I really like looking at logos. I think I might have mentioned Paul Rand talking about his designs on You Tube. It really fascinates me that he makes the point that sometimes a good logo is perceived to be perfectly apt only after it has become a mainstream image. I mentioned a good example of this in a previous post – the Nike logo was not loved by the managing director, it was a grower! That said, as much as logos vary enormously, of course there are some common factors.
Here’s some big company logos! What they have in common is one strong concept that has been beautifully pared down.
Coca-Cola and John Deere have a long history, you can see from these vintage examples, that their branding has stood the test of time.
Here’s some more designs. You can see that many logos are either reversed out – like the Castelli scorpion or make use of negative space such as with Core Cidar. This combination of bottle and apple, perfectly shows what the product consists of, and demonstrates another feature of some logos – the fusion of two elements that illustrate a key part of the company product or service.
More use of negative space…
If you hop over to Cool Infographics, they have a blog post entitled 40 Brand Logos with Hidden Meanings. (I can’t help thinking that sounds a little sinister?!) But it contains examples like the arrow in the FedEx logo, and some lesser known ones…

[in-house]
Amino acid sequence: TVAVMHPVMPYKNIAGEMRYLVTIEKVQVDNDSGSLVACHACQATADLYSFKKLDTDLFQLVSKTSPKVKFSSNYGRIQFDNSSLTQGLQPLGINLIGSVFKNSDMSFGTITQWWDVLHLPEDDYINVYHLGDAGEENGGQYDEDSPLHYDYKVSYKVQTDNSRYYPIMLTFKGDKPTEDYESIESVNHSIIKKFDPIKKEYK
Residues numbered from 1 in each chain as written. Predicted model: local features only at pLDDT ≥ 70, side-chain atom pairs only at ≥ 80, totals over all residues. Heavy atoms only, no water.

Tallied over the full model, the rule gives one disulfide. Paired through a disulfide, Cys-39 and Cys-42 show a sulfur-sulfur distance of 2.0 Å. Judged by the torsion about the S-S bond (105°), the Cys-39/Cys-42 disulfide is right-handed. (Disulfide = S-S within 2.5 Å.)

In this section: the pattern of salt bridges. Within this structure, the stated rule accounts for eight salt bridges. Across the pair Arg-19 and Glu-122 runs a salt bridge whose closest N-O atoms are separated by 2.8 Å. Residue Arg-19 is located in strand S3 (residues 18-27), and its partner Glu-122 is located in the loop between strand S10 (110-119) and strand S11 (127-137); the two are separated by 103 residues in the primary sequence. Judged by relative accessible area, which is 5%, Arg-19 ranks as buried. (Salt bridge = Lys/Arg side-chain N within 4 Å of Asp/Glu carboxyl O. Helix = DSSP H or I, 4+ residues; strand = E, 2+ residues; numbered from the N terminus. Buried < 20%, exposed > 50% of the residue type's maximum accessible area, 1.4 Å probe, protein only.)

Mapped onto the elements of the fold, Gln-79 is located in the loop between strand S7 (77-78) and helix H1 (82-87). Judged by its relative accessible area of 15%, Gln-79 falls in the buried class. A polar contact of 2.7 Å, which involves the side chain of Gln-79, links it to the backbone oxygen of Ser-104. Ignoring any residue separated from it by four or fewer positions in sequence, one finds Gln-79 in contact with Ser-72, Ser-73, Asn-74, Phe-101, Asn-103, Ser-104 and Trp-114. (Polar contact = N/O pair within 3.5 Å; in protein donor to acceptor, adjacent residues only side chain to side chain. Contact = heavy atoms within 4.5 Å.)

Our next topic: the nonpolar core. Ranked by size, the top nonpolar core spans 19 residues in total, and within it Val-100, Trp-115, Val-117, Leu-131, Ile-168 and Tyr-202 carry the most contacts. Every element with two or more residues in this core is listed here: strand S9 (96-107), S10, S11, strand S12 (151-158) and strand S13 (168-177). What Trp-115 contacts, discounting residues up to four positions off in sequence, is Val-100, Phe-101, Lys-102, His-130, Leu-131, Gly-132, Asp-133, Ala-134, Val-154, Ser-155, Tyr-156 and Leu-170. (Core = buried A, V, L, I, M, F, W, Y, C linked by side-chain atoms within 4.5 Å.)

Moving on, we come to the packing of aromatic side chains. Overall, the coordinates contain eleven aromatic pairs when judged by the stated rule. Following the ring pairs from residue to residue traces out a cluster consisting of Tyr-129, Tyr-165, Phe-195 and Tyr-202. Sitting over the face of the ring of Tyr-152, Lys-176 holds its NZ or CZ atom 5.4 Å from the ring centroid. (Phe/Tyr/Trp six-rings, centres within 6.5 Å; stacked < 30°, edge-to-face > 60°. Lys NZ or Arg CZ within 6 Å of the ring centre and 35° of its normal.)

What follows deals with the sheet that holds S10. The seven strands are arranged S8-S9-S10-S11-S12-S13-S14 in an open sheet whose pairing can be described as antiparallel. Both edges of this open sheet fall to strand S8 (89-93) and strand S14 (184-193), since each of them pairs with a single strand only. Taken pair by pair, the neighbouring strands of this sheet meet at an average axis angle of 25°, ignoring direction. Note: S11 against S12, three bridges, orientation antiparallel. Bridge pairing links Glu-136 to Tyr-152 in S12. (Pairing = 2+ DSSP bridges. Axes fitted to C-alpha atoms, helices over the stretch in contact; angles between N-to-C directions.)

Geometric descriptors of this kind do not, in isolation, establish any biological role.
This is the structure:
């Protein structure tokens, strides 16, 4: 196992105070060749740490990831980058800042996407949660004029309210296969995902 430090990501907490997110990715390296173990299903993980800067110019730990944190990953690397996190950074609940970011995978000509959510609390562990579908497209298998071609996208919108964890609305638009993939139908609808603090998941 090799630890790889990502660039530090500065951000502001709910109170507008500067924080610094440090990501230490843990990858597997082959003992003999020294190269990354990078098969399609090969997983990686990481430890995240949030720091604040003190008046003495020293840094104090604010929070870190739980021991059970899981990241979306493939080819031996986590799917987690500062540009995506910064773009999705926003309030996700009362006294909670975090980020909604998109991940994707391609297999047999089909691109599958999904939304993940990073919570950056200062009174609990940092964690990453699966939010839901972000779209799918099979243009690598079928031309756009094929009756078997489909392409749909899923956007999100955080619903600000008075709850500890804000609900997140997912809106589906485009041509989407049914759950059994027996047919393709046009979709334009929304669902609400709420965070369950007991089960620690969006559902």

An assortment of logos that caught my eye.
Colour and Logos
Of course some logos are purely typographic. One of my favourites is Rapha. Part of the branding is these colours – black, white and pink.
Not all logos are associated with colour, but Coca-Cola is strongly linked to red and white. And there are others…
Yodel. (OMG I love Yodel vans, I’ve been waiting for an opportunity to put a pic up on this blog!)
The Samaritans white and green.
Head Office requests that all branches stay “on brand”, by using the correct “Samaritans Green” both online and in print for consistancy. (I can’t remember the hexidecimal value, but you get the point!) Their font is also a custom one, with a particular letter “R”. Even charities are very aware of their branding these days!
I don’t think I need to state the obvious about what particular colours are supposed to convey! But I do know that companies spend big money on colour analysis, and market research – clearly the impact of what a colour “says”, can’t be underestimated.
Here’s a link with some gorgeous packaging examples and a nice colour wheel with lots of associated words! Enjoy.
OK. Here it is in case you are in a hurry.